Who else is a big straw tote fan? Which one do you like best?


Bubby and Bean ::: Living Creatively

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How to remove an iguana from your toilet

The Poodle (and Dog) Blog

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Kasper’s story

The Poodle (and Dog) Blog

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Red spots in a mudhole

They are awfully prominent.


Natural History

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Warren Eckstein: NOISE PHOBIAS – Stop the Suffering!

Fourth of July is scary for pets

If your pet suffers from noise phobia, you probably cringe every time thunder­storms are forecast. Instead of celebrating the Fourth of July, you probably dread this firecracker-filled holiday.

Dogs in particular, with their keen sense of hearing, often suffer from noise phobia and their frightened behavior can be stressful for their owners as well. As if your pet’s trembling and barking weren’t bad enough, you probably have to deal with the dirty looks of your neighbors who have to endure Fido’s barking, whining, and howling when a truck backfires or a thun­derstorm develops. You may also find your home destroyed by his neurotic reaction – chewed furniture, dirtied carpeting, and shredded tissues.

Both cats and dogs may become nervous and desperately try to escape under the couch or hide anyplace where they feel they can seek refuge. Dogs may try to soothe themselves by chewing on household items or even on themselves. Cats may scratch anything available, in­cluding your sofa or wallpaper. If your pet’s extremely nervous, he may even vomit or suffer from diarrhea. So don’t jump to the conclusion that your pet is simply being spiteful when you return home to find the house in disarray. It may be that he was traumatized by noise. If you four-footed best friend occasionally causes such de­struction when left alone, think about it. What was the weather like during your absence? Check with you neighbors to see if they heard anything unusual (i.e. firecrackers, a car backfiring) while you were gone. Don’t blame your pet for being spiteful – he just might be suffering from noise phobia.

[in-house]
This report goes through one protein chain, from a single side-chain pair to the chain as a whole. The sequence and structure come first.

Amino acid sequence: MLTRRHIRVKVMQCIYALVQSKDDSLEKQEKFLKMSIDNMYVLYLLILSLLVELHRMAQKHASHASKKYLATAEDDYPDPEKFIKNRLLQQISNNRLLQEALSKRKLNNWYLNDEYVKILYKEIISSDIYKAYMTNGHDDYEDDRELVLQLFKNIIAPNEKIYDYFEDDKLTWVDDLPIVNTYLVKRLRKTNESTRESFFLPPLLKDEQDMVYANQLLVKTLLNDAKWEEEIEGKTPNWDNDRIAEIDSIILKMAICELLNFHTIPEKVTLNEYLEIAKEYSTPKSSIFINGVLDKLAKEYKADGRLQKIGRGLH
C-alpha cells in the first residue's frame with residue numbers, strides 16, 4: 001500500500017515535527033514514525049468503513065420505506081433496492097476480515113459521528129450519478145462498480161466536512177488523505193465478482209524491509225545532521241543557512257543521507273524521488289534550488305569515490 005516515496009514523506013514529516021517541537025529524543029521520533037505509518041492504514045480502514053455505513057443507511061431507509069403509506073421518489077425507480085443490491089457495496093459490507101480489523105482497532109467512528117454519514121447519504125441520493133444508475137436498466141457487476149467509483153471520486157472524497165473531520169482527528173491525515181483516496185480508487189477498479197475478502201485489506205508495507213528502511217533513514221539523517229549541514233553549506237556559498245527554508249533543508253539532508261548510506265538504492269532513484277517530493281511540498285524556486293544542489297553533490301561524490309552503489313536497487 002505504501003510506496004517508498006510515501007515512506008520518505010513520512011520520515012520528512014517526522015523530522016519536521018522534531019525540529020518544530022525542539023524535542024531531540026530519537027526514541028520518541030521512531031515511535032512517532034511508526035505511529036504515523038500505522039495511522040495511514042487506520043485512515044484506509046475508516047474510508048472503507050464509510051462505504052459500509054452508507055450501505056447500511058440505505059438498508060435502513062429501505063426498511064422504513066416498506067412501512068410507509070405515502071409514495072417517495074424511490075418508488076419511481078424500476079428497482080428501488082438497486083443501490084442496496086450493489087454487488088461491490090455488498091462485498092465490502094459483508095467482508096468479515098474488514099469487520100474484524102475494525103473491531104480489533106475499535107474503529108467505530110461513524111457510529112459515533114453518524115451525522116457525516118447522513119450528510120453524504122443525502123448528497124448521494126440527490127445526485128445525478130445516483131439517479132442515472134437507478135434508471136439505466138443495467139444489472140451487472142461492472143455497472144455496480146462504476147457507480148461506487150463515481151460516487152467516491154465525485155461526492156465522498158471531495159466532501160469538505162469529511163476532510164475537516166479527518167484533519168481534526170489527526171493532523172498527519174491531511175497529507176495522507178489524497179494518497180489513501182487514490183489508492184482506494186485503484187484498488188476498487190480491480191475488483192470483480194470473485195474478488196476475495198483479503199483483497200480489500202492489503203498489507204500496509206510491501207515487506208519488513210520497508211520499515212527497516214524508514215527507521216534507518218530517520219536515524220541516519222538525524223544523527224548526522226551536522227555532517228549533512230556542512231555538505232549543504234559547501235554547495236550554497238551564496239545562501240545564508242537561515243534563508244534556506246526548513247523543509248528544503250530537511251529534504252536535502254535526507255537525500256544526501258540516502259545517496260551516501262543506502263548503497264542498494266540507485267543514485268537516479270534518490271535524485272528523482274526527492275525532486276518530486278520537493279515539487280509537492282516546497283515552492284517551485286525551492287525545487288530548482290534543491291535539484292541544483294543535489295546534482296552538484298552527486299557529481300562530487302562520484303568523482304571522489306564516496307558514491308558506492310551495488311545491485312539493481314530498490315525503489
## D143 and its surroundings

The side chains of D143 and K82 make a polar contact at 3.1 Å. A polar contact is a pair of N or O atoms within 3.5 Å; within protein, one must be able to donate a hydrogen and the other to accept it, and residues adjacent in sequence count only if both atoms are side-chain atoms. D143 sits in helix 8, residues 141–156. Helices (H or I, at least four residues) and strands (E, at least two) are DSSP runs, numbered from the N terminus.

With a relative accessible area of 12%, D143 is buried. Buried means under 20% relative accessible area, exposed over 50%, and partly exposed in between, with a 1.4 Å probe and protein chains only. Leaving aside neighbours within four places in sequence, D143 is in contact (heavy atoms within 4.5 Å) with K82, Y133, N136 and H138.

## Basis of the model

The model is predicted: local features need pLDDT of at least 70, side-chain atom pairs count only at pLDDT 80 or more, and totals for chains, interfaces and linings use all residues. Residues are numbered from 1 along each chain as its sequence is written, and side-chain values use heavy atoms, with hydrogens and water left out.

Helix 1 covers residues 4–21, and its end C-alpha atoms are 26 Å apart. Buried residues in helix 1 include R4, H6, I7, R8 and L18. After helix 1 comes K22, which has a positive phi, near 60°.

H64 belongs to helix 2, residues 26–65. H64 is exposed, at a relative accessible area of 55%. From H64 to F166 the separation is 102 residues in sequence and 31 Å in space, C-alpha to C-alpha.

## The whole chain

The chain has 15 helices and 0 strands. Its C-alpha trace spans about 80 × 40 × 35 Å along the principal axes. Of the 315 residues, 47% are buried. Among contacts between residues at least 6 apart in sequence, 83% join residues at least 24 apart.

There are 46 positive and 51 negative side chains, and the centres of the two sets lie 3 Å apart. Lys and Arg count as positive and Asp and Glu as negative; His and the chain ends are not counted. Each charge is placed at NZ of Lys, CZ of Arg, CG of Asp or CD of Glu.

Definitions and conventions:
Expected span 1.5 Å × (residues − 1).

If you’re the owner of a new puppy or kitten, it’s up to you to prepare your pet for the noises in our human world. The best method of noise training is to gradually introduce your young pet to unexpected noise. He might be surprised if you clap together two pieces of wood, but if it’s followed by a great deal of praise and a short play period, he’ll become more con­fident and be less apprehensive the next time he hears this sound.

After your pet reacts calmly to the noise of the wood, gradually increase the noise level by hitting the wood harder until no visible signs of fear are noticed. He’s now ready to graduate to the clanging of pots and pans. Here, again, start at a low level, then gradually progress to a louder level until you don’t see any reaction. This exercise is not as time-consuming as you might think. After all, banging pots and pans is easy when you’re in the kitchen preparing meals.

By properly exposing your pet at a young age, normal fears that could create a neurotic or even psychotic animal may be avoided. Owners of puppies should also incorporate trips to the park, to shopping centers, and to schoolyards into their pet’s socialization program. This early sociali­zation will help build your pet’s confidence.


If your pet already suffers from noise phobia, know that this problem can be resolved – and without the use of tran­quilizers. Tranquilizers simply mask the problem instead of correcting it. And remember, you may not always be there to administer them when a sudden storm (or any noise) occurs.

Instead, turn your radio on at a reasonably high volume (without disturbing your neighbors). This constant noise level during a thunderstorm (or any noise) will help drown out the sound, thus calming your pet. If you must be away from home and thunderstorms are predicted, be sure to leave your radio on when you leave the house.

If you’re home during a storm (or any other noise), soothe and reassure your pet when he’s frightened or divert his attention by playing his favorite game. Don’t go overboard with the attention, though. After all, you won’t always be able to be around to soothe him. It’s best to act reassuring yet behave as if nothing is wrong. And don’t act anxious – our pets are quick to pick up on our own anxieties!

If you have a particularly nervous pet, use a recording of a thunderstorm or fire works (or whatever noise sets him off) to desensitize him. Sound effects records and tapes are available at most larger record stores or online. Start off by playing the recording at a low volume. Once your pet shows no reaction to the recording, you may gradually increase the volume. Play it every day at this volume until he shows no visible reaction. Again, increase the volume and follow the same procedure. Continue to do this each day, until you’re playing the recordings at full volume and your pet is paying absolutely no attention to the sound.